The stage is a blank page for Marie Chouinard. Dancers appear clad in black, moving across the stage like ink curving into forms. Projected onto a screen behind the dancers is a form, a drawing of a movement. The dancers work their way into mimicking these images, each body twisting and arcing into the desired shape.
The show was inspired by a book of poetry and drawings by Henri Michaux, aptly titled Movements. Chouinard says that the “drawings are almost like ink spots, you can tell where there will be a shape or movement, two or three human beings together.” In her choreography, Chouinard translated these movements into dance, each drawing coalescing into performance. As the dance progresses, the viewer can see how the forms take shape through the bodies of the performers. Following the format of the book, the dancers go from black against a white background to the reverse, white against black. Michaux’s poetry is also incorporated into the performance, as dancers take a microphone and recite his poetry in the midst of the dance. The dance is accompanied by original music by Louis Dufort, an electroacoustic composer whose music lends an industrial edge to the performance.
Alongside this performance is another dance choreographed by Chouinard; Gymnopédies is based on three piano compositions of the same name by French composer Erik Satie. In this performance, each dancer takes turns playing one of the gymnopédies live on stage as the others dance in pairs. Chouinard says that she was interested in the form of the duet for this performance. “Although the ostensible subject… is the duo, love, the erotic, the real subject is perhaps unexpected, time, the dance itself.”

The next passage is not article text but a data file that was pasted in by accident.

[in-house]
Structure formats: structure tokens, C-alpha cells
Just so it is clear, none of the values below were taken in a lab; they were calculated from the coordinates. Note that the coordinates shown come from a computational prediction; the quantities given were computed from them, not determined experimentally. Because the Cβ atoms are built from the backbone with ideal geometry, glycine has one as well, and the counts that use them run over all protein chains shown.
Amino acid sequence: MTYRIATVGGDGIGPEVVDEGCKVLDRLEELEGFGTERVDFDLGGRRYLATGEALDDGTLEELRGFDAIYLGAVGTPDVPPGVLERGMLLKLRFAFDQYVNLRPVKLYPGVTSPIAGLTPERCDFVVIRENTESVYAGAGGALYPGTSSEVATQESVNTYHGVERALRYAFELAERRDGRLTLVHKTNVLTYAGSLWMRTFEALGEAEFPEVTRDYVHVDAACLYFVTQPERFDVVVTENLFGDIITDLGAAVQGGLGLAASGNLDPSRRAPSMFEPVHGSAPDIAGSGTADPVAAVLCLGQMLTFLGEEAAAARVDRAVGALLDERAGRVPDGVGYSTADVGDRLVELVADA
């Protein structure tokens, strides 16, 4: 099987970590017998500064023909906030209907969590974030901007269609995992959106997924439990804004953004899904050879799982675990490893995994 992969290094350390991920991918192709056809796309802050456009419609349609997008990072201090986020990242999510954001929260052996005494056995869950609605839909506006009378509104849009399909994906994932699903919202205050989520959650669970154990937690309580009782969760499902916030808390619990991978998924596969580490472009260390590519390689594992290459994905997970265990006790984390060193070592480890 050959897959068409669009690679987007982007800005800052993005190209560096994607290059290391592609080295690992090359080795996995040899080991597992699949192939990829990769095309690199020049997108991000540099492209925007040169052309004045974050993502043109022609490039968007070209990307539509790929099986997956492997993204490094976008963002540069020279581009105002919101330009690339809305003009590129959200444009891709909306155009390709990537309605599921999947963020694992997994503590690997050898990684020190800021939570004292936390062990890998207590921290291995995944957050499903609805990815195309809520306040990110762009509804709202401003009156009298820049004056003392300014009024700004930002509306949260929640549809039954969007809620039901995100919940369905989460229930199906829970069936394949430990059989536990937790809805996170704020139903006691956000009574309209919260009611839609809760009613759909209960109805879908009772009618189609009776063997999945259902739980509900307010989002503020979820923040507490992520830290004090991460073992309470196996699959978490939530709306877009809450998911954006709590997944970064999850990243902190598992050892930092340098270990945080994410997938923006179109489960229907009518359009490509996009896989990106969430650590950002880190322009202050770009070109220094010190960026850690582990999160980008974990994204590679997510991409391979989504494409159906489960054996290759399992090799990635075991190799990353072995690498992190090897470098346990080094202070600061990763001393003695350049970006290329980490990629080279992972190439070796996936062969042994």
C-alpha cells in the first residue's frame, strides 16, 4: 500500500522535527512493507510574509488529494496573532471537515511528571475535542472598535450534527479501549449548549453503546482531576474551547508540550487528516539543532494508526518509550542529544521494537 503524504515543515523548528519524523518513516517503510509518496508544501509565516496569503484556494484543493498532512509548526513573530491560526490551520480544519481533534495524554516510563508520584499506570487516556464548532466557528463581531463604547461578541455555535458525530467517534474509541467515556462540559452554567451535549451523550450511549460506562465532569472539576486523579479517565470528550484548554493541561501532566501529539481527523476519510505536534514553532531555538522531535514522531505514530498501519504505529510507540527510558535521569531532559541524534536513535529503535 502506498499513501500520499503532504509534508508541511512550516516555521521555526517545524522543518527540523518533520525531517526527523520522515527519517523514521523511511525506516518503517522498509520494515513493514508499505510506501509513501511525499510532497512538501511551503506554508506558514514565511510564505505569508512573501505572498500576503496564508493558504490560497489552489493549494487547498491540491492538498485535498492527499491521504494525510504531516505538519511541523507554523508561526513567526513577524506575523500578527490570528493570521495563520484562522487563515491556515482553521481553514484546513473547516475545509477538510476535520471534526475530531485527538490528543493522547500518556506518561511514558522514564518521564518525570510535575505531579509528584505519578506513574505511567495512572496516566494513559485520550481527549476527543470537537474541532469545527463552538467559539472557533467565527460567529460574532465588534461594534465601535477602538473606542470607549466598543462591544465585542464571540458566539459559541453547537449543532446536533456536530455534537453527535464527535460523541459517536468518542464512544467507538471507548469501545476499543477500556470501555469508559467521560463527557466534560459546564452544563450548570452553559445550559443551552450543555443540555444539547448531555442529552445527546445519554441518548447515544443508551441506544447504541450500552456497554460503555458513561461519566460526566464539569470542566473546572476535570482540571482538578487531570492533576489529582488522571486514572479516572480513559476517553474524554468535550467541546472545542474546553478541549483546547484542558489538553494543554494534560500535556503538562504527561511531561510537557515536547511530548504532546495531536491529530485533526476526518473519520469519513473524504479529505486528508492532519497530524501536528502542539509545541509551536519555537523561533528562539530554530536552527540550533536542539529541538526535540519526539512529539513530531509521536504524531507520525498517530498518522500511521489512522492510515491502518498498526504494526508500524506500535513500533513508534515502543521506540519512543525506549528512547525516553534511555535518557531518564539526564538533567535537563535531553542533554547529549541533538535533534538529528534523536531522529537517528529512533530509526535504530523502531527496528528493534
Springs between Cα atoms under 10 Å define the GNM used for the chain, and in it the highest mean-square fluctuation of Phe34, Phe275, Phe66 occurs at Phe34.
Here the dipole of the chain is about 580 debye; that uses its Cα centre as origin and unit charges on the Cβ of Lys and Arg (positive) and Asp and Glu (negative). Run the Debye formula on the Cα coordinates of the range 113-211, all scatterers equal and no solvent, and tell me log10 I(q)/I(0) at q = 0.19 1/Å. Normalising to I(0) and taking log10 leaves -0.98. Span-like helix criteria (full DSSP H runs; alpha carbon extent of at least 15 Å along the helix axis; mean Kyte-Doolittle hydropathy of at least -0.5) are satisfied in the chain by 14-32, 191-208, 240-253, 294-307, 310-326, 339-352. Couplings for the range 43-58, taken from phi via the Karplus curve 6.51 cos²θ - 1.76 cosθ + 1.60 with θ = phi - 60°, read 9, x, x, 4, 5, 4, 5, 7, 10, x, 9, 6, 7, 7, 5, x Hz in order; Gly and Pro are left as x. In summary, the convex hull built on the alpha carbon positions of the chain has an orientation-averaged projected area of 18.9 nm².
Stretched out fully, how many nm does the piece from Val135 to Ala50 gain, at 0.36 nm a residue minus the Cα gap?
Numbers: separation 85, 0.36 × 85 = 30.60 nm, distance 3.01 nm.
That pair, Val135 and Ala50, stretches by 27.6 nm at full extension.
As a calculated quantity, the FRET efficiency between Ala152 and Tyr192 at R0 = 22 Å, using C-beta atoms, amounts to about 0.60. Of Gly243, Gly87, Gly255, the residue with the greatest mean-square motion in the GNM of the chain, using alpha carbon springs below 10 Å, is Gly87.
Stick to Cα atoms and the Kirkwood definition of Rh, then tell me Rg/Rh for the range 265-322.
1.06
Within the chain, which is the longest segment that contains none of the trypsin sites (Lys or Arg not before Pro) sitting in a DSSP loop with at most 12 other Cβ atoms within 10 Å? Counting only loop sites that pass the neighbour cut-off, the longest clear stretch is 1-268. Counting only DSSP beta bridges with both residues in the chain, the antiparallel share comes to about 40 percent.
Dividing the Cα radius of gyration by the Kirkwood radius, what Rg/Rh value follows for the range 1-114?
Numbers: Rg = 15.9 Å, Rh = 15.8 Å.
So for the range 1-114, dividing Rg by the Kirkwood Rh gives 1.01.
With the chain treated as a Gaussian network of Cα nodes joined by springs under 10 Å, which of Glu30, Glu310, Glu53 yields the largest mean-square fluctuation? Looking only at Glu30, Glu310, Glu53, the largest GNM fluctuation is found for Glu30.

The two performances are paired together for their premiere in Pittsburgh. Chouinard says that the connecting thread for the two shows is that they are both based on works by others. Movements is inspired by the visual and textual cues of Henri Michaux’s book, and Gymnopédies was formed around the sound and shape of the musical compositions that lend their name to the show. Chouinard describes the pairing as like an exhibition by a painter of a set of paintings; the pieces are different but they retain the style of the artist behind the work.
Movements and Gymnopédies will premiere together at the Pittsburgh International Festival of Firsts on September 28, 2013 at 8pm at Byham Theater.
Originally posted September 3, 2013 by Emily O’Donnell on the Pittsburgh International Festival of Firsts Blog